HOUSTON — Students inside Sylvan Rodriguez Elementary appeared to have little problem counting numbers or connecting with their teachers on the first day of school.
It's one of 36 digital learning centers for students with no access to technology.
But things didn’t work for many Houston ISD students who are mostly working from home.
"I'd give it a B minus," said HISD math lab teacher Maxie Hollingsworth. "I’m a perfectionist, so that’s not good.”
Hollingsworth is teaching classes from home and also helping her own third grader.
She was among those noticing connection issues almost immediately.
"We all had a presentation that we were going to show the kids and we decided, you know what, we need to do something different today so that tomorrow it’s boom, boom, boom, boom...hopefully,” Hollingsworth said.
HISD blamed issues on one of the hosts of its Internet services and sent a direct link to the district’s HUB via social media in hopes of helping.
The outages also affected a number of other districts around the nation, including Dallas.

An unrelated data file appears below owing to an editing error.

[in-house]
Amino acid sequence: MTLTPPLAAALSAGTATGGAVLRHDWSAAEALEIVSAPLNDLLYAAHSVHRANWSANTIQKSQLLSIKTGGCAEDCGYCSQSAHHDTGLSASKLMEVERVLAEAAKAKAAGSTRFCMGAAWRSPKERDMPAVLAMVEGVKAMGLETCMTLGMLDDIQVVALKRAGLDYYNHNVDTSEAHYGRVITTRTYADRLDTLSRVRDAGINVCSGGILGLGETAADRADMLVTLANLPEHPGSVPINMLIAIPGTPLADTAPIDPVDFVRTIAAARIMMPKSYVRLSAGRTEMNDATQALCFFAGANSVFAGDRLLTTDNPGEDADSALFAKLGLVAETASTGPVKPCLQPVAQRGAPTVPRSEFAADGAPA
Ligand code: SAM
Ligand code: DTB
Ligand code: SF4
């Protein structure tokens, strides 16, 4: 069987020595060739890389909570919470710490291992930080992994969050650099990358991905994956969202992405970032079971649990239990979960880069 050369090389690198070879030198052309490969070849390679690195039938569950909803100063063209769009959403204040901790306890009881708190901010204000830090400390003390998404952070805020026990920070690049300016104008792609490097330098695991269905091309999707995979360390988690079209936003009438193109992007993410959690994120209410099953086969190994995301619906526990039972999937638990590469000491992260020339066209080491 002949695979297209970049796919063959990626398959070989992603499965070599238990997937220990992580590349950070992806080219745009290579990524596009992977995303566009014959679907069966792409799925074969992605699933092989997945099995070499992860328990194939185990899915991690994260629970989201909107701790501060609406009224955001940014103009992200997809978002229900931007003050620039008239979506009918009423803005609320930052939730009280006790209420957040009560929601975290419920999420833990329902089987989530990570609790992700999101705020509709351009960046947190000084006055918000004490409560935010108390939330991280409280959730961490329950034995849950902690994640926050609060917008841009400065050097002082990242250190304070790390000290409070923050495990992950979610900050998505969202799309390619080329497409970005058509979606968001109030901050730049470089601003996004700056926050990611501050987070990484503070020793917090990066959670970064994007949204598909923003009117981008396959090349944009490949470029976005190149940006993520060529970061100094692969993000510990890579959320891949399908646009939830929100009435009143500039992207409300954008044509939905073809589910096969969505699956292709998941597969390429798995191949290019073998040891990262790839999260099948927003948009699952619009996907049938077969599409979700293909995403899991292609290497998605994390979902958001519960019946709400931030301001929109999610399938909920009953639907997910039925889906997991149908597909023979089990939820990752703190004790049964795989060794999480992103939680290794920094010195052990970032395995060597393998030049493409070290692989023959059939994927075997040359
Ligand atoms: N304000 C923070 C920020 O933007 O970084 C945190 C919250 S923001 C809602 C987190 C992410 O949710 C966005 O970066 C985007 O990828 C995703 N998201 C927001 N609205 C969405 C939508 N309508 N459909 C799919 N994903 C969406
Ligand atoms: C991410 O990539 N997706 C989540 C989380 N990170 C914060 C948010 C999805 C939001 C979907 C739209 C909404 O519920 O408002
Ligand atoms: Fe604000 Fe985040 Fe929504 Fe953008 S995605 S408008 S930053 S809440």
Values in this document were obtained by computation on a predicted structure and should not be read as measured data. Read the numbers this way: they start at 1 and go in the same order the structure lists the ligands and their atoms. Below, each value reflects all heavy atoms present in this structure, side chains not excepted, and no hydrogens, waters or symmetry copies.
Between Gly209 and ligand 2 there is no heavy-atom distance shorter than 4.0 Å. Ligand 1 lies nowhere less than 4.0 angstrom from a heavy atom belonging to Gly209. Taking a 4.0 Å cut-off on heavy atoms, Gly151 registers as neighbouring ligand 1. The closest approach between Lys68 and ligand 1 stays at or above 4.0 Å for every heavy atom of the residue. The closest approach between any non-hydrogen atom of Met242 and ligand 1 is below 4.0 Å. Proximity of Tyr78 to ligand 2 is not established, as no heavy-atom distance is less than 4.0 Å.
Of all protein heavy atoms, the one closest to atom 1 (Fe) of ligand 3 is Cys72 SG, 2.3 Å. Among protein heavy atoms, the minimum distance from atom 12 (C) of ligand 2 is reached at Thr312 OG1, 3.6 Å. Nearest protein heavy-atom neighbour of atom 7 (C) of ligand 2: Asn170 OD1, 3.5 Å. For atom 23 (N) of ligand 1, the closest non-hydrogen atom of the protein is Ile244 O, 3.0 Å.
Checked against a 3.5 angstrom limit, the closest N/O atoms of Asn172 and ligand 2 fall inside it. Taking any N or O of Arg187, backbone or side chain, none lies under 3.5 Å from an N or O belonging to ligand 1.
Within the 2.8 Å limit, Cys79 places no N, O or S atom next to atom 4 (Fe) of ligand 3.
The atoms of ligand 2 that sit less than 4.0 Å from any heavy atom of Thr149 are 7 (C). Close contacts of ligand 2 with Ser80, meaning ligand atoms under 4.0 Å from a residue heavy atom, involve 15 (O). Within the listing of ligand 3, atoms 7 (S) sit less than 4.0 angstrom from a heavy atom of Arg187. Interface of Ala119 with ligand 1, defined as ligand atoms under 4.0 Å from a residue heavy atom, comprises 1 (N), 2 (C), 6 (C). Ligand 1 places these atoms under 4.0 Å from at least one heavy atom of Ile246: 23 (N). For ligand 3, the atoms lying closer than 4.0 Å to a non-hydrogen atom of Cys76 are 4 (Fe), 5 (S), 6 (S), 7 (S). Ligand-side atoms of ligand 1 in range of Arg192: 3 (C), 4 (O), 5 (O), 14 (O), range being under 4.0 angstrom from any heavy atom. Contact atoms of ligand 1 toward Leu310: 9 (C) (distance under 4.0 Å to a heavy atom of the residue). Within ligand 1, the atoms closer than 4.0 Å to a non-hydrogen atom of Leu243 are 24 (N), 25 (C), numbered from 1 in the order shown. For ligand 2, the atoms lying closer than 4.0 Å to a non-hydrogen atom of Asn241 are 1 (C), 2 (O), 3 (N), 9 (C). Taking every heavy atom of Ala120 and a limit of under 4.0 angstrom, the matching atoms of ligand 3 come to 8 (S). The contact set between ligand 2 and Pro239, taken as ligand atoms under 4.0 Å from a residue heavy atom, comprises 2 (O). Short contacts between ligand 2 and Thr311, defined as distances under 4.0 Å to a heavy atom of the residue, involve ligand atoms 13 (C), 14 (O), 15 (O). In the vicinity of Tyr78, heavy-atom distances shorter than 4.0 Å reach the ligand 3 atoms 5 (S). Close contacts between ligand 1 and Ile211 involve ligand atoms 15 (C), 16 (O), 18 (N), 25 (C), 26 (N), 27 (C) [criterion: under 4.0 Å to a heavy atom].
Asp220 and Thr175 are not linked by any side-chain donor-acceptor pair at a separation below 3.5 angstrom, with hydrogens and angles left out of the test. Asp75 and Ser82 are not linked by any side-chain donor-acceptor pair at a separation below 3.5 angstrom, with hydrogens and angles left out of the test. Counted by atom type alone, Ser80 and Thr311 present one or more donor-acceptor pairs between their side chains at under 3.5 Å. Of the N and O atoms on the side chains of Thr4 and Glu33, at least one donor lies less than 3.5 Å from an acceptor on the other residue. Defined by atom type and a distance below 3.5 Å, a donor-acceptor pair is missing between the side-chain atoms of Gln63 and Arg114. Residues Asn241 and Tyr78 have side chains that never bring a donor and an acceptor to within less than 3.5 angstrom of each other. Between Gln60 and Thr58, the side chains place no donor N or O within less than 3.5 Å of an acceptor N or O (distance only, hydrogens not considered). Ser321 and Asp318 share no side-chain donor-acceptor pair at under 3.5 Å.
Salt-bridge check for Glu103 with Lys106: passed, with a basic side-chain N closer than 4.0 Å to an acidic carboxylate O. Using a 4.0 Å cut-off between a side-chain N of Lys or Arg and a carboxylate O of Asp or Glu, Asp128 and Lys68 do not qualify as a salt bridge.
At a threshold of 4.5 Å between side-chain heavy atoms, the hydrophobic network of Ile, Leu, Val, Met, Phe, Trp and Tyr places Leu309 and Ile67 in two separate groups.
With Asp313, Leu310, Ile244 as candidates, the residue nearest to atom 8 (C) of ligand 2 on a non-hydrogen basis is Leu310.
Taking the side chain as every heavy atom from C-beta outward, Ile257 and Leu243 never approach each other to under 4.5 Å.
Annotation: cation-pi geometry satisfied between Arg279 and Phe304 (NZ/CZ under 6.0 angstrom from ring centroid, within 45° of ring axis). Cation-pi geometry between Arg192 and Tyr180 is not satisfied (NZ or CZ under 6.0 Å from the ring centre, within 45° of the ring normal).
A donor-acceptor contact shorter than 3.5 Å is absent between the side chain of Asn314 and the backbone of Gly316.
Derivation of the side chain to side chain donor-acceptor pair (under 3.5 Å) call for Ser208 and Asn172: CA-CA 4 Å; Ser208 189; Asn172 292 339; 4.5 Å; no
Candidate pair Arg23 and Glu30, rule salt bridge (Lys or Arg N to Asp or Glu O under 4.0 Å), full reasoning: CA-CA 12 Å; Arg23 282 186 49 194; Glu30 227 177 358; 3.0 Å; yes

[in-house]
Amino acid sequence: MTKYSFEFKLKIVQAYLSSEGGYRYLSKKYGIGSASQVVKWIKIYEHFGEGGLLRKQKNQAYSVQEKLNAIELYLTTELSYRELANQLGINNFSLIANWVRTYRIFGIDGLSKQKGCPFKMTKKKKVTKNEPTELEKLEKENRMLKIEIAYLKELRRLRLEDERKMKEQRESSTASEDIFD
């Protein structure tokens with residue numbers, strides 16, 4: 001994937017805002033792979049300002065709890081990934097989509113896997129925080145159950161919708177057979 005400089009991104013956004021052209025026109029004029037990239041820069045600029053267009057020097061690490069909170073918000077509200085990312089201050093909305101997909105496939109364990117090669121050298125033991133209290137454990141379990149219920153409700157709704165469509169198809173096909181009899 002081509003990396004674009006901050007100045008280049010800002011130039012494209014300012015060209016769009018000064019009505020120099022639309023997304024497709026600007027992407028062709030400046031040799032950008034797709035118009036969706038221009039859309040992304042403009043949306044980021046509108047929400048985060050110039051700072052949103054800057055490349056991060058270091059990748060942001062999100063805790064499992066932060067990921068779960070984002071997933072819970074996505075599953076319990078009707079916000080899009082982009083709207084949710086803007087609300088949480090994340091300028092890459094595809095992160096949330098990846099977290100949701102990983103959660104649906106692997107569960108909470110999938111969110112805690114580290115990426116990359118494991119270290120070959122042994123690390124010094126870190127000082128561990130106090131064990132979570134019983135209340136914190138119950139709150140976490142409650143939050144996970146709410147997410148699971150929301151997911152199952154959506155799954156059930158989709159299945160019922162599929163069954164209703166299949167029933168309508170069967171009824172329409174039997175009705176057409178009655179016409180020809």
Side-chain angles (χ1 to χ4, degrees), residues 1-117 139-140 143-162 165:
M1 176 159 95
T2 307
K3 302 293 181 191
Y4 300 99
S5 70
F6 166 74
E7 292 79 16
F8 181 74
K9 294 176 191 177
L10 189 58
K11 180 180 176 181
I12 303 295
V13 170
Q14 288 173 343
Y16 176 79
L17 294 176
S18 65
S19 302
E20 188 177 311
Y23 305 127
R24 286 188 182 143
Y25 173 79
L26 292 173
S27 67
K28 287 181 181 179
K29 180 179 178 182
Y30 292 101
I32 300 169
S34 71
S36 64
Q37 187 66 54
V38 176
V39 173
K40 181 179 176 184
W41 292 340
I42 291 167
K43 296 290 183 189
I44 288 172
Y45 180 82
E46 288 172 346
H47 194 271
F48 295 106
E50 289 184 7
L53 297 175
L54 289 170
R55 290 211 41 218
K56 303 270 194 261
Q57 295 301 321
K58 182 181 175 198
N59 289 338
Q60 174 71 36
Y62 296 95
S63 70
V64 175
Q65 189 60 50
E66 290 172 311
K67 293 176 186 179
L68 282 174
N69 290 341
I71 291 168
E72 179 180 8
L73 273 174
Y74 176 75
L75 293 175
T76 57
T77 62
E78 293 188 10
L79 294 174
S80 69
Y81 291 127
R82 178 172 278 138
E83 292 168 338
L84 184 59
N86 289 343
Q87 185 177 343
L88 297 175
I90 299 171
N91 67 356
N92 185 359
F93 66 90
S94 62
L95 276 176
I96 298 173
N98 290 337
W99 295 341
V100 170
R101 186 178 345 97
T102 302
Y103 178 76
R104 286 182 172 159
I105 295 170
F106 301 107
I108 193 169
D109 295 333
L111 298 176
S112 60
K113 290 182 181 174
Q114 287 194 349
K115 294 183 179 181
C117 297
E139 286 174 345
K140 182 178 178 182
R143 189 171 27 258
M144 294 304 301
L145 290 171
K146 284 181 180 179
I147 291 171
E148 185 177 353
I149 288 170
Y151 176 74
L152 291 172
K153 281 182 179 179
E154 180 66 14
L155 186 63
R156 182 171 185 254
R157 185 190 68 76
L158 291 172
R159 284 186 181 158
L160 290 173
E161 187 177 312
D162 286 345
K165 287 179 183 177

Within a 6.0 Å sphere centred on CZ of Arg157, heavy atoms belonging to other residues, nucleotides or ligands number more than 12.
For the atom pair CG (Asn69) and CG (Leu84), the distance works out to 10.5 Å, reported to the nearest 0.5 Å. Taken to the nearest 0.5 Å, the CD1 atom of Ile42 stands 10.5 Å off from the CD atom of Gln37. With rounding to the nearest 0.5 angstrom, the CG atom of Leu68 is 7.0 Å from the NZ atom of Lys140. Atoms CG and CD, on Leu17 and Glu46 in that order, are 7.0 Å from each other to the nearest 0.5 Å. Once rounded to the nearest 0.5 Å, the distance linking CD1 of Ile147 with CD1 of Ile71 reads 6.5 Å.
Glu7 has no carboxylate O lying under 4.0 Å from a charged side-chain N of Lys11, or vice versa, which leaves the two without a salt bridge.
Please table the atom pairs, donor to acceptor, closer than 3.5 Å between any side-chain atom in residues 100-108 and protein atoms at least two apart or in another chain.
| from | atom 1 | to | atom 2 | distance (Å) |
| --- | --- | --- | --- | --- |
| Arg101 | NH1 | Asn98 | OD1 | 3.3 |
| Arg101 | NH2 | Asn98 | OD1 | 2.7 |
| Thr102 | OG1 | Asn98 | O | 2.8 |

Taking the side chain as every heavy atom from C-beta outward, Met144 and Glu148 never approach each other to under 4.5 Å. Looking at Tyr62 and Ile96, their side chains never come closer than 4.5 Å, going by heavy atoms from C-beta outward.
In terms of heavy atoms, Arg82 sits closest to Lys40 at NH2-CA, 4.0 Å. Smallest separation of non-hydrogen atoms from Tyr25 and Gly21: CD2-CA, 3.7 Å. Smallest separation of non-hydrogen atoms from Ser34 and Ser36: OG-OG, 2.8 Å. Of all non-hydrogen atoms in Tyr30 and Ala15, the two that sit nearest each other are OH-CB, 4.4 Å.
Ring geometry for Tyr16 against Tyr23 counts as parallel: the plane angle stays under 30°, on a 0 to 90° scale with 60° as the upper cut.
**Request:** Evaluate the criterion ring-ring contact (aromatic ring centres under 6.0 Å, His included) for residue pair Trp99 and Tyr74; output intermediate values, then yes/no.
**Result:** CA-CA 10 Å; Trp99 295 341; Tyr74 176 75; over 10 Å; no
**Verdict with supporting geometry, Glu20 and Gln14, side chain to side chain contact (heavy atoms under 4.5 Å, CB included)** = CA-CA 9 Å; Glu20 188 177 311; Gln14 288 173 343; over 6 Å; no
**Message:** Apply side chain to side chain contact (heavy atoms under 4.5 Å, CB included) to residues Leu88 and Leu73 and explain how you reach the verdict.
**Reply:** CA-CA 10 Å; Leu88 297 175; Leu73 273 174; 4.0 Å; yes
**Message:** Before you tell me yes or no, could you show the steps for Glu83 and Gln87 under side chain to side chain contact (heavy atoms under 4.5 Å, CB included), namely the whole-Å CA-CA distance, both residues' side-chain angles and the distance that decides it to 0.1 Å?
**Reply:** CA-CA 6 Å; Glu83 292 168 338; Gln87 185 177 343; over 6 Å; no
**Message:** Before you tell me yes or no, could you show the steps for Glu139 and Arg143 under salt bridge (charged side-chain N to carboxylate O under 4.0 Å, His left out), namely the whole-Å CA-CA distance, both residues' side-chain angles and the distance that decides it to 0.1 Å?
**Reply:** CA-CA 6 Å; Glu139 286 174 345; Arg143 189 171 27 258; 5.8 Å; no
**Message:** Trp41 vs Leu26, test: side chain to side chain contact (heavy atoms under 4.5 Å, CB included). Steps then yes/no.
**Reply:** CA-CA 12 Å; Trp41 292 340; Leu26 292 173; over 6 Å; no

"As we all are aware, even in your own business, you can’t be prepared for a crash," said HISD superintendent Grenita Lathan. "We can only address it when we find out.”
Lathan, who visited one family’s home, says more than 12,000 students still await needed technology to connect in the first place.
"Expect technology not to work, expect someone not to hear you, expect something to freeze,” Hollingsworth said.
She offered the same advice to families as she gives herself. That's to try and remain patient as we navigate an unprecedented school year.
"I’m hoping that they really do understand that we are trying our best, everyone is,” Hollingsworth said.
HISD tweeted this Tuesday afternoon concerning the connection issues: